PHP CodeSniffer: Ignoring rules

PHP CodeSniffer is a great tool for making sure all your code is consistent with a set of rules and guidelines. However, there are cases, when you need to ignore the rules for a particular code snippet. For example, when you are working with third-party frameworks or libraries.

CodeSniffer provides a number of ways to do this. Until today, the following worked well for me:

// @CodingStandardsIgnoreStart
echo "Here goes some code that breaks the rules";
// @CodingStandardsIgnoreEnd

This is particularly useful for code within functions and methods. But what if you need to ignore a particular rule for the whole file, especially in places like method names, which are difficult to surround by starting and ending annotation tags?

Here’s an example that worked for me (thanks to this comment for the solution):

<?php
/**
 * @phpcs:disable CakePHP.NamingConventions.ValidFunctionName.PublicWithUnderscore
 */

The only bit that you’d probably need now is an easy way to find the name of the rule from the CodeSniffer output. The usual output of “./vendor/bin/phpcs” looks like so:

FILE: src/Model/Table/KeysTable.php
-----------------------------------------------------------------------------------------------------
FOUND 1 ERROR AFFECTING 1 LINE
-----------------------------------------------------------------------------------------------------
 53 | ERROR | Public method name "KeysTable::_initializeSchema" must not be prefixed with underscore
-----------------------------------------------------------------------------------------------------

But if you run it with the “-s” flag (thanks to this comment), CodeSniffer will add sniff codes to all reports. Here’s the same example with “./vendor/bin/phpcs -s“:

FILE: src/Model/Table/KeysTable.php
------------------------------------------------------------------------------------------------------------------------------------------------------------------------
FOUND 1 ERROR AFFECTING 1 LINE
------------------------------------------------------------------------------------------------------------------------------------------------------------------------
 53 | ERROR | Public method name "KeysTable::_initializeSchema" must not be prefixed with underscore
    |       | (CakePHP.NamingConventions.ValidFunctionName.PublicWithUnderscore)
------------------------------------------------------------------------------------------------------------------------------------------------------------------------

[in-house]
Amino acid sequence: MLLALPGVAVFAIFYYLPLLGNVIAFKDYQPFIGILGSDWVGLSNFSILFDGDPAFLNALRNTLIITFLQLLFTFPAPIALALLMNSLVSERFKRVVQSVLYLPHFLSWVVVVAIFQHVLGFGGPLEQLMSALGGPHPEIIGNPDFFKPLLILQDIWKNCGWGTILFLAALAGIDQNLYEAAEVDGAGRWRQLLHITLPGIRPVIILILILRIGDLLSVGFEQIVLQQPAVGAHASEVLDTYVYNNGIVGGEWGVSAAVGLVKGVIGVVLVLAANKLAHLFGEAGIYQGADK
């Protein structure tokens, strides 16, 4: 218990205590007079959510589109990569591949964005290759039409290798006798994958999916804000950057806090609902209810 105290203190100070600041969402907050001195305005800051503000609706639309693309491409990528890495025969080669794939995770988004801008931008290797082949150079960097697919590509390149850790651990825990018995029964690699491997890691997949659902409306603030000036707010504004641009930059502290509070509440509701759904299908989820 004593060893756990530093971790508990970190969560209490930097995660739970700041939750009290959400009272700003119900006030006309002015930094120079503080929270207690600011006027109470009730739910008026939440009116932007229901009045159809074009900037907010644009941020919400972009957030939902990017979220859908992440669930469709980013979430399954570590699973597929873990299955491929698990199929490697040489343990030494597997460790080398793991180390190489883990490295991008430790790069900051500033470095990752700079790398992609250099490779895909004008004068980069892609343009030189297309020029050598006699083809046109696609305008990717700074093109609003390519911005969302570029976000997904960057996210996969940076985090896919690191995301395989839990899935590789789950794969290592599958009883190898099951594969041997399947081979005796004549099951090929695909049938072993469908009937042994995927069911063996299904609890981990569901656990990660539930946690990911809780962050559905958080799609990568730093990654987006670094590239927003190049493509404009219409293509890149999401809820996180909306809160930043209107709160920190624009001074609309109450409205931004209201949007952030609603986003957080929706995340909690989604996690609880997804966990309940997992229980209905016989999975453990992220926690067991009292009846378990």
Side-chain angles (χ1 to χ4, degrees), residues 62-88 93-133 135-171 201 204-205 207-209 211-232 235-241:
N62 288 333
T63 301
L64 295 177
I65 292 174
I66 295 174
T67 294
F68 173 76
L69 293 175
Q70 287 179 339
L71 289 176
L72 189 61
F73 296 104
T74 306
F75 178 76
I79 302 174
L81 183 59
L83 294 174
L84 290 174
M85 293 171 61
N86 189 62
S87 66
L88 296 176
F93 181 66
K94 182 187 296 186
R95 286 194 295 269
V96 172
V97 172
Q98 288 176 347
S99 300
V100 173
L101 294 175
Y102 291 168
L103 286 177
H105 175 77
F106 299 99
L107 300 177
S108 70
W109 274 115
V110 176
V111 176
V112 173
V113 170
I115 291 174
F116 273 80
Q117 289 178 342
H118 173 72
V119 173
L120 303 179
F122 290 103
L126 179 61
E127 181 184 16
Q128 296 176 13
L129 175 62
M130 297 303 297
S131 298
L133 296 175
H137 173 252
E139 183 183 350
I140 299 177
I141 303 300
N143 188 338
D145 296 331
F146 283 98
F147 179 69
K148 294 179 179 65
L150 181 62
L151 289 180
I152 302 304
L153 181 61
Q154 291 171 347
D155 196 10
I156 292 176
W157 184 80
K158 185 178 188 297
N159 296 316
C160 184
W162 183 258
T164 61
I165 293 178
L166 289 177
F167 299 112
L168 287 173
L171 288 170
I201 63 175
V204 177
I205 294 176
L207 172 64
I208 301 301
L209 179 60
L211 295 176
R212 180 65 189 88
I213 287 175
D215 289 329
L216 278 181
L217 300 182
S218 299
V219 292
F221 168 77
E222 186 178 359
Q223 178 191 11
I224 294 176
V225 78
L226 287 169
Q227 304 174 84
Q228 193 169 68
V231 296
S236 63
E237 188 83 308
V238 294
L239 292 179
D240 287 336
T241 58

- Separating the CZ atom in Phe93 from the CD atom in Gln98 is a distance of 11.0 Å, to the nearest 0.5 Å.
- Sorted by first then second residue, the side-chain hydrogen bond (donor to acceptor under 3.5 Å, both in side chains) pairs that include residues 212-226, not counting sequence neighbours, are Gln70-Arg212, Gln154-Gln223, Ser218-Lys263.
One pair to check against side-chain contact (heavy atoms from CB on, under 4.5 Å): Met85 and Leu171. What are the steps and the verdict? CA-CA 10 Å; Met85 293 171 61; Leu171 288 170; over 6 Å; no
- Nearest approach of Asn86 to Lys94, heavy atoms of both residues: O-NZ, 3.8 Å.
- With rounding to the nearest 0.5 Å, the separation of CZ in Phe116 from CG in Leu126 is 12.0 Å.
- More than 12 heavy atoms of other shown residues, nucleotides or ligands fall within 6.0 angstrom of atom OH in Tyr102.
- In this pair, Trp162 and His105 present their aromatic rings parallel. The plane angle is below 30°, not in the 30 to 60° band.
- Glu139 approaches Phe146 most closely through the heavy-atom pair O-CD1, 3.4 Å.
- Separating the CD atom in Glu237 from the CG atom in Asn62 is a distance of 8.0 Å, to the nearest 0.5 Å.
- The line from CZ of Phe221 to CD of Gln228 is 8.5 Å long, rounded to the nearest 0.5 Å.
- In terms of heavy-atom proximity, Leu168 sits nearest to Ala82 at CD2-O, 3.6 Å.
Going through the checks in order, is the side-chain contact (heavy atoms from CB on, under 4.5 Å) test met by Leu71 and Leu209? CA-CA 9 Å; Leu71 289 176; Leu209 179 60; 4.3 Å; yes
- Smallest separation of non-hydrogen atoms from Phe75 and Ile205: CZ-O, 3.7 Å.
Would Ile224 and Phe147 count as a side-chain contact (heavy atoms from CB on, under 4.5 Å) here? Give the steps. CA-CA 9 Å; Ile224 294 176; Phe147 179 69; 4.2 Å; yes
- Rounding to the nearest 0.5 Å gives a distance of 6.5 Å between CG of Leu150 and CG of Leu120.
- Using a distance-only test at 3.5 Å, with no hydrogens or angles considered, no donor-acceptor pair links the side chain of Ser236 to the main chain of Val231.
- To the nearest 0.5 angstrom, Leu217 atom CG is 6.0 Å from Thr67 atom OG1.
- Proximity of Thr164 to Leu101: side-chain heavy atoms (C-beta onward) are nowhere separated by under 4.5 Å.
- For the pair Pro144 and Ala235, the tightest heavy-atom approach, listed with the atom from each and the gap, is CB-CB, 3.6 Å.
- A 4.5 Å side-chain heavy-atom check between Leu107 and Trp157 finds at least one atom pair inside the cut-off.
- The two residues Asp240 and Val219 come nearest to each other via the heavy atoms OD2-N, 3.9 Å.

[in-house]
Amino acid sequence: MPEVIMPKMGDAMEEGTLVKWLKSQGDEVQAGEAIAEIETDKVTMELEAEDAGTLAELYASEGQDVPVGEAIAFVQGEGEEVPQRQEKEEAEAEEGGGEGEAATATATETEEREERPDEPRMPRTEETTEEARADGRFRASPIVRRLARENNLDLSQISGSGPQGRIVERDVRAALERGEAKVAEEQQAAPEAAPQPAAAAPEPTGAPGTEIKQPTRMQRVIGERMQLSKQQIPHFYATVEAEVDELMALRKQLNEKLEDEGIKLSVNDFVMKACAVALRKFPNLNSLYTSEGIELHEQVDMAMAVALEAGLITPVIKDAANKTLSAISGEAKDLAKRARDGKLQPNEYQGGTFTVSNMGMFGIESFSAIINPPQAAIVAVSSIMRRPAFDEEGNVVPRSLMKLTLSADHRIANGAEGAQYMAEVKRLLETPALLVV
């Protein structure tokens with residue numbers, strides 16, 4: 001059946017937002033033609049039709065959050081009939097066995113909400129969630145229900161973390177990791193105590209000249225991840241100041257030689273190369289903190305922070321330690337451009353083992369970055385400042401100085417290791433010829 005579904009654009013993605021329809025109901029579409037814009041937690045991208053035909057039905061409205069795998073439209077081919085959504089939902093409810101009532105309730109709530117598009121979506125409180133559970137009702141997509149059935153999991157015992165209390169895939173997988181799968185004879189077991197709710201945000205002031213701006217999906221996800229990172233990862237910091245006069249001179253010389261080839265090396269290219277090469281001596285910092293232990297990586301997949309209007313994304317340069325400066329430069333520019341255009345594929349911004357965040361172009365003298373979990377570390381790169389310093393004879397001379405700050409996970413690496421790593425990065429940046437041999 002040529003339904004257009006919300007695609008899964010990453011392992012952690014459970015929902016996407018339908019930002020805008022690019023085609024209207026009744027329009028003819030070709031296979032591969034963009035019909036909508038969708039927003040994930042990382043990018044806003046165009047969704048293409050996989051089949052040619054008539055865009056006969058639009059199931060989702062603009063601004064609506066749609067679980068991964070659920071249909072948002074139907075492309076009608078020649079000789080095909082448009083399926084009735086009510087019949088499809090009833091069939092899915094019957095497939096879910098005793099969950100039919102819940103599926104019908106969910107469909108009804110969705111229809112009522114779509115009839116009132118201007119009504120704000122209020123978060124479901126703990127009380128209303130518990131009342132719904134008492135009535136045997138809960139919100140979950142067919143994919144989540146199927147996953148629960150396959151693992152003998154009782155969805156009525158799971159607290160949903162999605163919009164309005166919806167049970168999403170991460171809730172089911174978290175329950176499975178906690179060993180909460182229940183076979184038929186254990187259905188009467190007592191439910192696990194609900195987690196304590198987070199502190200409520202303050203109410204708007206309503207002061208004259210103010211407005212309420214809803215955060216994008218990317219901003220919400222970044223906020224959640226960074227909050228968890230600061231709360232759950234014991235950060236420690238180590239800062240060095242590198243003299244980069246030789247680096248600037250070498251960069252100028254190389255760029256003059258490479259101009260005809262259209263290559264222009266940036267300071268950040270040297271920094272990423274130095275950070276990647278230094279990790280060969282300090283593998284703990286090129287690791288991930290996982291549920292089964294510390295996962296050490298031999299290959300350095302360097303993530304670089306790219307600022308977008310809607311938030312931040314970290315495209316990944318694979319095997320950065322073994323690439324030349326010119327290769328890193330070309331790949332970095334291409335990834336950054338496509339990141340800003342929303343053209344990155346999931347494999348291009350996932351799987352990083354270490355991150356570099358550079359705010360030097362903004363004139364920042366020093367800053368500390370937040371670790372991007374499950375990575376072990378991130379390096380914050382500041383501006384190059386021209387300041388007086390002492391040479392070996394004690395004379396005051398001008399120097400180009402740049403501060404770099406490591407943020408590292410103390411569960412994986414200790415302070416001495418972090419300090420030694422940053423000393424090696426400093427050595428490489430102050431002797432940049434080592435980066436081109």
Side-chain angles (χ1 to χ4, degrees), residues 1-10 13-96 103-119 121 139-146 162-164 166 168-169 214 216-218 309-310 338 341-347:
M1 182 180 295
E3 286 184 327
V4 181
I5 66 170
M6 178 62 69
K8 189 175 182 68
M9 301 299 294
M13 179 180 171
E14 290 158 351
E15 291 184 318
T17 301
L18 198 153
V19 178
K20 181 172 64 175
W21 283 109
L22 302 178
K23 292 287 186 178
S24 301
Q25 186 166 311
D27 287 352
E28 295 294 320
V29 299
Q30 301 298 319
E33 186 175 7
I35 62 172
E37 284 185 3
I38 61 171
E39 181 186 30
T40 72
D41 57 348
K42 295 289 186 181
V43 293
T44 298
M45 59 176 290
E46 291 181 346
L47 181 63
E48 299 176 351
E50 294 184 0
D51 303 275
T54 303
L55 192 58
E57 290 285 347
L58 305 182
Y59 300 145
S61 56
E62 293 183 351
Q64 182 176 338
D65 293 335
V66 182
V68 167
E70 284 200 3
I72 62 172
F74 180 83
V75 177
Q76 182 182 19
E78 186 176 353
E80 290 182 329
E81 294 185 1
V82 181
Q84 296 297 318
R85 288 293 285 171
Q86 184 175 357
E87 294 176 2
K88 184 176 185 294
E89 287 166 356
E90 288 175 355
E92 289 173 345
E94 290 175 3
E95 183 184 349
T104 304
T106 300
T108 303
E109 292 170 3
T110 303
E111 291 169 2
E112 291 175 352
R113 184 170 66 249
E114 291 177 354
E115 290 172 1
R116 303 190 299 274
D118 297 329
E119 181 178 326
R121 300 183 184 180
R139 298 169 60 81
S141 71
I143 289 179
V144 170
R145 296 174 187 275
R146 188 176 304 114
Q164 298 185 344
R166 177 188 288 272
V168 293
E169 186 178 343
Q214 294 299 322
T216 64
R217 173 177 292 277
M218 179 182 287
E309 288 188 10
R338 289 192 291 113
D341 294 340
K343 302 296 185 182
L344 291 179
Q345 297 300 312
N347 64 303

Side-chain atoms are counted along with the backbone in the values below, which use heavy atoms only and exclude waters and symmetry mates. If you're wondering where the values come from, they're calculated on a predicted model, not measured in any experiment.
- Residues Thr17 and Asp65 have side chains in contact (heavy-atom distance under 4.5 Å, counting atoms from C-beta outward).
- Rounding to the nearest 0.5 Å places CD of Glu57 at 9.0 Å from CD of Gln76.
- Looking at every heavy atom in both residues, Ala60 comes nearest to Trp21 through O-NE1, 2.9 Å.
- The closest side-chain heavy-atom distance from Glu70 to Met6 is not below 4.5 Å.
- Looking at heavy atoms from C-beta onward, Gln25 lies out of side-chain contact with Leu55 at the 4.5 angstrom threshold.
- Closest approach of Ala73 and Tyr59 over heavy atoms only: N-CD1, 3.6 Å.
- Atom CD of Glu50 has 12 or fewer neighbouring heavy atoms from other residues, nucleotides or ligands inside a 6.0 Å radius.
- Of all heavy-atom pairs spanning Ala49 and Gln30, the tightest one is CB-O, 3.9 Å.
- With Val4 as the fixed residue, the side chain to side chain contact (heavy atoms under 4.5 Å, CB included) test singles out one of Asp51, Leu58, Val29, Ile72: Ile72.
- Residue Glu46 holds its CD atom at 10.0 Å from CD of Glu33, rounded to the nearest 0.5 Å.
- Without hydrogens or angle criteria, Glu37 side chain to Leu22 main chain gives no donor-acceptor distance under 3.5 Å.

And that’s the code sniff rule that you can add to the ignore annotation tag at the top of your file, like I’ve shown above.

Google: How to do a code review

Google is sharing “How to do a code review” as part of its engineering practices. Unlike many similar guides online, I find this document to be a lot more comprehensive. It covers both the technical bits of the process, as well as suggestions that improve overall team communications and efficiency.

A particular type of complexity is over-engineering, where developers have made the code more generic than it needs to be, or added functionality that isn’t presently needed by the system. Reviewers should be especially vigilant about over-engineering. Encourage developers to solve the problem they know needs to be solved now, not the problem that the developer speculates mightneed to be solved in the future. The future problem should be solved once it arrives and you can see its actual shape and requirements in the physical universe.

Tips to Speed up Your PHPunit Tests

I came across this collection of “Tips to Speed up Your PHPunit Tests“. Apart from the few usual ones, like disabling XDebug and using groups, I found a couple that linked to handy tools:

  • ParaTest – a PHPUnit extension that runs PHPUnit tests in parallel, significantly minimizing the test run time, and
  • PHPUnit Report – a tool that visualizes test run times, clearly showing which unit tests take the longest to run.

Very cool! Needs trying …

Reading postmortems

Once in a while a seemingly straightforward article turns into a goldmine of links and resources. This happened to me today with this one – “Reading postmortems“.

Not only this article itself is a very nice roundup of common sources for system failures, but it also links to a couple of awesome references:

  • Simple Testing Can Prevent Most Critical Failures: An Analysis of Production Failures in Distributed Data-Intensive Systems. This is both a talk and a paper.
  • danluu/post-mortems – a GitHub repository with a collection of publicly available postmortems from a variety of organizations, like Google, Amazon, Facebook, NASA, GitHub, and more.

If you still have no idea what postmortem is, Wikipedia explains.

GrumPHP – PHP quality control tool

GrumPHP is yet another quality control tool for PHP. But unlike a million other – PHPUnit, PHP CodeSniffer, and the like – this one is more of a tying knot. GrumPHP integrates via git hooks. It runs one more of the other tools, making sure that the changes you are committing are up to the par.

The support for other tools is excellent. You’ll find anything from the basic unit tests and coding style checks to commit message formatting and content, Robo tasks, and even custom shell scripts.